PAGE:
“I saw you do it but you came and told me.” he continued. “If you’d driven off I would have known who to call, but you came and told me you did it. So don’t worry about it.”

“What?” I asked, not understanding. He never raised his voice, no cursing, no calling the police, and no calling my father.

“Don’t worry about it. It’s between me and you.” he said as he shut the door. I heard the lock turn and his footsteps fade away as I stood there with sweat on my upper lip. I told the truth and the old man had respected that.

My kids listened as I wrapped up my teachable moment. I told them that although I had been scared to death of whatever punishment might come my way, I had done the right thing by being honest with the old man. In return for my honesty, he forgave the whole thing. Had I not been honest, things would have turned out very differently for me.

“So you never told Mamaw and Big Daddy?” the kids asked.

Many times I thought about telling my parents. I always wondered if the old man would eventually tell them. For a while I was certain one of my parents would approach me, having learned what I’d done and ask, “What happened to the fence?” I’d started many times to tell them but each time I could only get a few words out before I began to sweat. “Nevermind.” I’d say. “I’ll tell you later.” The old man passed away long ago and two families have lived there since. The chain link fence, rusty now, still remains.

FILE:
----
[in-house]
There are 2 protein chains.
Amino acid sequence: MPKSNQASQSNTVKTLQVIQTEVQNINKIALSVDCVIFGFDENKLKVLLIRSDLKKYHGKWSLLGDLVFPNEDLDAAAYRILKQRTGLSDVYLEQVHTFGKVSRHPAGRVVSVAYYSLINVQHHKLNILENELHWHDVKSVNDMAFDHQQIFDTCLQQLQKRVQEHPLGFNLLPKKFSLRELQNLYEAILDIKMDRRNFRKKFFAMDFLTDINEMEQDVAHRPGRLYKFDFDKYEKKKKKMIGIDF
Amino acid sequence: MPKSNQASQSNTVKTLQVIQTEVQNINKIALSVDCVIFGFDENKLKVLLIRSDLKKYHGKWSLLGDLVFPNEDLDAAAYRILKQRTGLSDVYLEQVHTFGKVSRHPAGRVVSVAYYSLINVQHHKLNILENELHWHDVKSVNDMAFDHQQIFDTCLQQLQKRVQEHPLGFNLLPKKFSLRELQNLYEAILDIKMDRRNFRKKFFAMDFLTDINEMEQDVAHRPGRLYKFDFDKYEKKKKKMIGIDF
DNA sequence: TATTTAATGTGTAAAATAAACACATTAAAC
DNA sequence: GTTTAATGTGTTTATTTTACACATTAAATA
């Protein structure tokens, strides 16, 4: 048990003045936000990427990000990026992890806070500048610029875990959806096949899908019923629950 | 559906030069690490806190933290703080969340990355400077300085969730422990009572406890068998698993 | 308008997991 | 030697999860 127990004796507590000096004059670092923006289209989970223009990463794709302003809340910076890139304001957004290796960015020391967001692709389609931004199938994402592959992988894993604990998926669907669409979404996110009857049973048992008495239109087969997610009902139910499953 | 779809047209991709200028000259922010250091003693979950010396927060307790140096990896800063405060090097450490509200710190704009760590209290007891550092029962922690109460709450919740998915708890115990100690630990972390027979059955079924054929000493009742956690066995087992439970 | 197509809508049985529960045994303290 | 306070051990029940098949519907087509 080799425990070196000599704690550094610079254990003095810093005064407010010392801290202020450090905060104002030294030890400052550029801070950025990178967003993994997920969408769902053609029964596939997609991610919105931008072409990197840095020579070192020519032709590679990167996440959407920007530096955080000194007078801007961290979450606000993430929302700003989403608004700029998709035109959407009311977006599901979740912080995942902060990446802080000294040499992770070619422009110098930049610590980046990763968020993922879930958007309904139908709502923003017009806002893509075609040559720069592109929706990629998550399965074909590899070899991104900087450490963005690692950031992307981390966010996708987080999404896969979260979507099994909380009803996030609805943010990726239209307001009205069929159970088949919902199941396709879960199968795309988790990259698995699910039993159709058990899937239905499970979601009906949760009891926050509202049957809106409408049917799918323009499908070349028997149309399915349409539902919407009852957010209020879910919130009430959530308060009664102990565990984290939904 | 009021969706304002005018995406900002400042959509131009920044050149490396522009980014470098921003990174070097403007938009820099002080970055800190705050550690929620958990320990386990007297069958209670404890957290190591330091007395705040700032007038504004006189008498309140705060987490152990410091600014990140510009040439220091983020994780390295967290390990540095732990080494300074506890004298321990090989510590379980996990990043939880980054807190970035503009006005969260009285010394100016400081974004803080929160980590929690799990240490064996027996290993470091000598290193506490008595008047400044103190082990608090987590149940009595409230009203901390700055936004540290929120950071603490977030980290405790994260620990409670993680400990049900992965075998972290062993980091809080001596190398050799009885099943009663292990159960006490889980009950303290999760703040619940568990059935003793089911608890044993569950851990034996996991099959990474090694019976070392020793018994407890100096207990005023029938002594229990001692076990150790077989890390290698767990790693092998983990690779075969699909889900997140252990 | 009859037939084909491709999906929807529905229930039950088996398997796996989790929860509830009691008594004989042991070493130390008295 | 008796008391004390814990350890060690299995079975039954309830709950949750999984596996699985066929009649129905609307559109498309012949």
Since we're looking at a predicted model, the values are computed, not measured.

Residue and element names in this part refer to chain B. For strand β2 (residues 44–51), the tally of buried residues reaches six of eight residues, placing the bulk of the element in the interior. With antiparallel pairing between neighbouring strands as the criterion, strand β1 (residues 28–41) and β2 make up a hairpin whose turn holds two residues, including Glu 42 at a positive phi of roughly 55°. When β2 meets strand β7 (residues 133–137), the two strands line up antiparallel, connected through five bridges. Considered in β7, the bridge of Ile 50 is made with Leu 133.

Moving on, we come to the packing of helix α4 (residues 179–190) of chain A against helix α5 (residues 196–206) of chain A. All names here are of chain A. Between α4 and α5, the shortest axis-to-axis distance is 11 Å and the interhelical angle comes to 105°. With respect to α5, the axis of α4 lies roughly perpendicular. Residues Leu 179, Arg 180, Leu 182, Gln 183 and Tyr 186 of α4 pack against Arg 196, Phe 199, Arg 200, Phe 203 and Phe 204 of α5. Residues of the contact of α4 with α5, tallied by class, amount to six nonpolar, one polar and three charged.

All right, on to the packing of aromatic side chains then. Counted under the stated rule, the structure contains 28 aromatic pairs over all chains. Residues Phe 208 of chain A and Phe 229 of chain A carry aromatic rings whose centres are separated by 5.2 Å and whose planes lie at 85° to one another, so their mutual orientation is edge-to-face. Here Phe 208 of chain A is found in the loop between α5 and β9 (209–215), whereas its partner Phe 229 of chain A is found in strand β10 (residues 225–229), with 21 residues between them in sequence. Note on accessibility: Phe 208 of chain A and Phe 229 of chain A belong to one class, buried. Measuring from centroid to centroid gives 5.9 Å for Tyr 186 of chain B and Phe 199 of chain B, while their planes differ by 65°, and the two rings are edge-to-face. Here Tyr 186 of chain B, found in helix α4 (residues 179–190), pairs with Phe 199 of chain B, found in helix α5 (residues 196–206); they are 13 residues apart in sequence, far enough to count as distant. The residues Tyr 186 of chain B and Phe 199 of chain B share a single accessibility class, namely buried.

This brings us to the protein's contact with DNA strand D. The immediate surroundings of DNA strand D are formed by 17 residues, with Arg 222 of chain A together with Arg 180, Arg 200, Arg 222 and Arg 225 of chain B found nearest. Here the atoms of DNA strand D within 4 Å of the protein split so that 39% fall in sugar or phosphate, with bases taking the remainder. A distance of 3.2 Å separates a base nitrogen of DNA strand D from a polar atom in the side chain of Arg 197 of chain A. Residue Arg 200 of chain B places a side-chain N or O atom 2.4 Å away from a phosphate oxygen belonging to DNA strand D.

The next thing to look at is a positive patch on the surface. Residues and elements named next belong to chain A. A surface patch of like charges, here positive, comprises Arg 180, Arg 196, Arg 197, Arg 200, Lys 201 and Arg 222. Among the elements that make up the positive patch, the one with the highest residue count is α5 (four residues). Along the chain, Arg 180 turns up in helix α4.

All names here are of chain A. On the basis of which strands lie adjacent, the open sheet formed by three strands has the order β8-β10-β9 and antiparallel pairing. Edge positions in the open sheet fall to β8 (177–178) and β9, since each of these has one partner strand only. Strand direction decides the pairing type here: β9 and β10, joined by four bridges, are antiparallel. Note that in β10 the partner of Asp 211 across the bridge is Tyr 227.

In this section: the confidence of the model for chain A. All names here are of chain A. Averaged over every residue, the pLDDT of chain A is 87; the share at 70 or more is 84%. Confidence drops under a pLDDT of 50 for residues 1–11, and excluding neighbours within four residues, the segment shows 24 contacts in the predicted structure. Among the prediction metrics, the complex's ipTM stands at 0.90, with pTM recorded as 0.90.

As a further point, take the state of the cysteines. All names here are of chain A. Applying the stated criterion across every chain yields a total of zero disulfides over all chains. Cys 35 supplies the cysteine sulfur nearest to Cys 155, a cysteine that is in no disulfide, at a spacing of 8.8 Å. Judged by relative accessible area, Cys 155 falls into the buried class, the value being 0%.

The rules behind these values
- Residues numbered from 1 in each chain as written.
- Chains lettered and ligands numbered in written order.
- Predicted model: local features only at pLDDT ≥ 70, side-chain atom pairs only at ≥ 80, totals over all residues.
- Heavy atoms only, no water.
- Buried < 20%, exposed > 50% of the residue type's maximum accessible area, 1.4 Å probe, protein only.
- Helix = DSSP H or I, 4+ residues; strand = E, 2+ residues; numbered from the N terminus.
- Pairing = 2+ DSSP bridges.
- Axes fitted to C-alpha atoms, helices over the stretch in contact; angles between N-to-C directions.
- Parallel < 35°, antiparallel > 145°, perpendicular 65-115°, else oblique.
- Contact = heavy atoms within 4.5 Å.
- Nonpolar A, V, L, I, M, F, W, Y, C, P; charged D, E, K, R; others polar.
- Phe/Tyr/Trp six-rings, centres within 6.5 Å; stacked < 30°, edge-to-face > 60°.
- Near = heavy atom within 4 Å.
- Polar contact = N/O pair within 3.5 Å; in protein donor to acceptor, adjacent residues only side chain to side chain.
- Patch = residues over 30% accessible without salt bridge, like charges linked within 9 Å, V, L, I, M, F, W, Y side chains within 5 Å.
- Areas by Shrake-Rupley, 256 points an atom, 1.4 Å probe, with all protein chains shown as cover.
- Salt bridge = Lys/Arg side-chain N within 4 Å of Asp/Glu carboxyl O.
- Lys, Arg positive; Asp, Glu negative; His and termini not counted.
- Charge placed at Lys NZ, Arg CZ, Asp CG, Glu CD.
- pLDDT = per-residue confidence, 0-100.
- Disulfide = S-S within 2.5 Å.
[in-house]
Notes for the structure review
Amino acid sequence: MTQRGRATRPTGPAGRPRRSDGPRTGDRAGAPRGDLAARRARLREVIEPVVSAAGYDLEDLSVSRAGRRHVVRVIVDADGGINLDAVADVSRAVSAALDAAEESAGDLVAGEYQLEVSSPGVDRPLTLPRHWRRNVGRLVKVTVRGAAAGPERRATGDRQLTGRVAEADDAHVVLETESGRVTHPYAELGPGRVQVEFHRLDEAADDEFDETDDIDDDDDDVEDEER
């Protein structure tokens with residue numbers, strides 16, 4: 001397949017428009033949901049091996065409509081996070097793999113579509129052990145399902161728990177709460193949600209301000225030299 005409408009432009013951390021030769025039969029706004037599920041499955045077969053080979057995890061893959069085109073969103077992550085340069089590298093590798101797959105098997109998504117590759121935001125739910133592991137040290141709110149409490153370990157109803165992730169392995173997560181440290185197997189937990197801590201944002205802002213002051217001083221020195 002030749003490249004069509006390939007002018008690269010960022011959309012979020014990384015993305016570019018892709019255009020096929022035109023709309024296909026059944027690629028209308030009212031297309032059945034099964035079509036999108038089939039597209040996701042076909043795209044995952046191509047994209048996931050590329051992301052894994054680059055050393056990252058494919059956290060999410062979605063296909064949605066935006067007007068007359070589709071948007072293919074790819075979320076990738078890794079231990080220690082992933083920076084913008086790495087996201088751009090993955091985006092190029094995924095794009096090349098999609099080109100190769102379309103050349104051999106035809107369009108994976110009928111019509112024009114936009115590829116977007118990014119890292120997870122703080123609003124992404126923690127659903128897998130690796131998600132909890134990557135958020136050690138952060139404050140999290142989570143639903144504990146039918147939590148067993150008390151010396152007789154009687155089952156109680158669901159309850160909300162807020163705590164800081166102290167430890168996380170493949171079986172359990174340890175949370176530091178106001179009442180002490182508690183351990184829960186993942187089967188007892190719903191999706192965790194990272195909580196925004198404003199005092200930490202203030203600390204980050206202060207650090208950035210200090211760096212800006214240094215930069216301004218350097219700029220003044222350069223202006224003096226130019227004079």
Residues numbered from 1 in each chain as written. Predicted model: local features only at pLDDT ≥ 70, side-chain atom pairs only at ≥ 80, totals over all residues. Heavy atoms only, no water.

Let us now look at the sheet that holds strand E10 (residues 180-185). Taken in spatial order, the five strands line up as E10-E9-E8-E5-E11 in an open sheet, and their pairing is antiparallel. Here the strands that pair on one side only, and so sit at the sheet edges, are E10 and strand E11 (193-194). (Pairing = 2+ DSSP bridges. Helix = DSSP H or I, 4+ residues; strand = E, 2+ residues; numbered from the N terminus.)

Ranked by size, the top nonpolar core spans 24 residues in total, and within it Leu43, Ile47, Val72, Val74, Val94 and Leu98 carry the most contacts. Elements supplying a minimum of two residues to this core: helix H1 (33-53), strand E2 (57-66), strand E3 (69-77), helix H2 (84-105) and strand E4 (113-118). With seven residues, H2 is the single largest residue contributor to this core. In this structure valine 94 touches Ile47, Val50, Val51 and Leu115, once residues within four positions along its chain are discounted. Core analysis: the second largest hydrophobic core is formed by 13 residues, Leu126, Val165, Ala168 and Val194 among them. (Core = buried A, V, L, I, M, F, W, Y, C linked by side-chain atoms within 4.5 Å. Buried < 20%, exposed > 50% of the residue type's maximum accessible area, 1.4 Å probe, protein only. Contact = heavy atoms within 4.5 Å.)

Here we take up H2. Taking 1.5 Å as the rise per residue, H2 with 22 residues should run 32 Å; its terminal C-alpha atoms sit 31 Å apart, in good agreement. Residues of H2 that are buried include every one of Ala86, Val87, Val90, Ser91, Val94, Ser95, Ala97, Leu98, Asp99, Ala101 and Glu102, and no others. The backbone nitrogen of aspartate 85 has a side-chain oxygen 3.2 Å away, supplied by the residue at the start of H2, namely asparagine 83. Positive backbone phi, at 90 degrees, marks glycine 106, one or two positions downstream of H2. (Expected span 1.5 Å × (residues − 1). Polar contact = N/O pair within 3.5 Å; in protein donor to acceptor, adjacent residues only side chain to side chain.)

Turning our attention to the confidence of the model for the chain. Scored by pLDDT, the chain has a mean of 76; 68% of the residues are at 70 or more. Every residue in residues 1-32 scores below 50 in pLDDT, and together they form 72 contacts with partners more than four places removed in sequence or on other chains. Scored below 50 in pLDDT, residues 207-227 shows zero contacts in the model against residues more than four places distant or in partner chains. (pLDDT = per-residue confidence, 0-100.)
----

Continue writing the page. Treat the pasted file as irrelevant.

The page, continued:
Feeling empowered by the teachable moment, I told the kids that as soon as we got back to my parents I would tell them all about the little accident that happened over thirty years ago now. Being ancient history at this point it would make a funny story. What could be the big deal?